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  6. Next, sew your straps to your last rectangle of fabric.  I didn’t make mine adjustable since I’ll be the only one wearing it, but that’s an option as well!  I simply topstitched one raw end of the straps to the edge of my fabric, right at the top (see picture) and then tried it on, measured where I wanted it to hit under my arms, trimmed the webbing and sewed the other ends to the sides of my fabric.
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  7. Now, you’ll be sewing your lining to your bag exteriors.  Match up one exterior piece (i.e. with the elastic loops) to one lining (i.e. with pockets), right sides together.  Begin sewing together just a few inches from the center of the bottom short end, all the way around (one long side, the top short side and the other long side) to a few inches from the center on the other side of the bottom.  Leave 5-6 inches open to turn.  Repeat with other two fabric pieces.  REMEMBER to make sure your pockets are facing UP!
  8. Turn both pieces of your bag right sides out and press the edges well.  Fold under the raw edges of the part you left open, and stitch the two pieces of the bag together, along this opening (this will be the bottom of the bag that keeps the pieces connected, even when the zipper is unzipped.

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  9. Finally, stitch your zipper to you bag but sewing one zipper tape to one side of the bag, beginning right where you sewed the two halves together.  You’ll stitch the zipper tape to the bag ALL the way around, and then do the same with the other zipper tape and other side of the bag.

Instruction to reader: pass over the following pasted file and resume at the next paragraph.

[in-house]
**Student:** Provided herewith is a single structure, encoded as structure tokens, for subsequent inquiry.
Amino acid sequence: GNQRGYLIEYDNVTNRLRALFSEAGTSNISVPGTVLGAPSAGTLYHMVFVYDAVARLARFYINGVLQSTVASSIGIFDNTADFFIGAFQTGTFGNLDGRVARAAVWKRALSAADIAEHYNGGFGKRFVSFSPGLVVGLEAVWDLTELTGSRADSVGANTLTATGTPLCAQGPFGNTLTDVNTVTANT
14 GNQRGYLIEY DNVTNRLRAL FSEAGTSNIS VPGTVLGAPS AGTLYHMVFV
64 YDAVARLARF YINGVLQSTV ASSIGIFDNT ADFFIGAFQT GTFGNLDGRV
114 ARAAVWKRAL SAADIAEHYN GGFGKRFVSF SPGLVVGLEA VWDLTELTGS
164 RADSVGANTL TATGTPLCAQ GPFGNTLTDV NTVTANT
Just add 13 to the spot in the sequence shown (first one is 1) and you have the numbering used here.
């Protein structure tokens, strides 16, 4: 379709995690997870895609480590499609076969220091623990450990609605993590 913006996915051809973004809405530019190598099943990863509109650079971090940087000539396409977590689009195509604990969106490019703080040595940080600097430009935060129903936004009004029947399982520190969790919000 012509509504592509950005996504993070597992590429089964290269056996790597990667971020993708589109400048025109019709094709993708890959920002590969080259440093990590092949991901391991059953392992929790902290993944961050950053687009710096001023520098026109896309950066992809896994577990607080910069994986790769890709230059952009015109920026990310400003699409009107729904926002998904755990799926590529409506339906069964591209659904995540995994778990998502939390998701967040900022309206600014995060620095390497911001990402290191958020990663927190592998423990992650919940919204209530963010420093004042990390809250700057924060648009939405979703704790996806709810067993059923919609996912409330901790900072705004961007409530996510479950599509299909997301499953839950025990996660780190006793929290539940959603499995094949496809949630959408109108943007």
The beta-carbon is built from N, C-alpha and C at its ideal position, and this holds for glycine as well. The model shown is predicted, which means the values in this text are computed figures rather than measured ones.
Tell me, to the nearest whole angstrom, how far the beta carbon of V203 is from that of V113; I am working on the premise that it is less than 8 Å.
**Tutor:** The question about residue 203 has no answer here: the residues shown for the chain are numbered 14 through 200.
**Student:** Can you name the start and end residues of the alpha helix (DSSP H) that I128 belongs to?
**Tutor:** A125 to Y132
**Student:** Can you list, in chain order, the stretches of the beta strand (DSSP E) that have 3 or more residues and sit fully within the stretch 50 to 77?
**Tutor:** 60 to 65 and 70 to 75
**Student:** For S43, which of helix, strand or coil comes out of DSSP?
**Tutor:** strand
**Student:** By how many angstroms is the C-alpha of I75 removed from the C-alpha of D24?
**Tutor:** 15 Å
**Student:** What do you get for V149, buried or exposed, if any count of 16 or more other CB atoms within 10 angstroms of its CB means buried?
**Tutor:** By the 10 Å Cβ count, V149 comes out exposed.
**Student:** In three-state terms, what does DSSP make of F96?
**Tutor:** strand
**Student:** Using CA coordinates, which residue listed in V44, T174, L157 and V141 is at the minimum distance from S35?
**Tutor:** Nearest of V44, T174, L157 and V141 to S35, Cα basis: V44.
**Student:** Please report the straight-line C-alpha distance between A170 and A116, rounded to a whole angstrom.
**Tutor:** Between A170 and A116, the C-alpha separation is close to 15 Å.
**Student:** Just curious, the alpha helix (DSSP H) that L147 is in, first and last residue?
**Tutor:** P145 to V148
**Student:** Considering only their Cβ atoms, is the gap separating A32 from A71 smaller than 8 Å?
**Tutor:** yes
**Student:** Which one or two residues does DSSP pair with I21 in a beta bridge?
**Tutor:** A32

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    Thanks for reading!  I hope this tutorial helps lighten your summer load!

    Be sure to head over to the Nap Time Creations blog to see more posts in the Summer Fun Series!

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Spotted Sheath Dress DIY

This easy tutorial and free pattern will have you whipping up a cute pullover style sheath dress in no time!

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And my obsession with dresses continues!  Especially when it comes to spring and summer sewing, I just can’t get enough.  They’re cool and cute and flirty and fun; not to mention, they take no time at all to sew!

This spotted sheath dress is no exception…read on for the super easy tutorial!

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1.  First, you’ll need to download and print the free pattern here (be sure to print from Adobe Reader/Acrobat and NOT a browser! Make sure your printer is not scaling the pages).  Then tape all your pages together (just overlap the margins of the pattern pages before cutting- no need to trim them off!).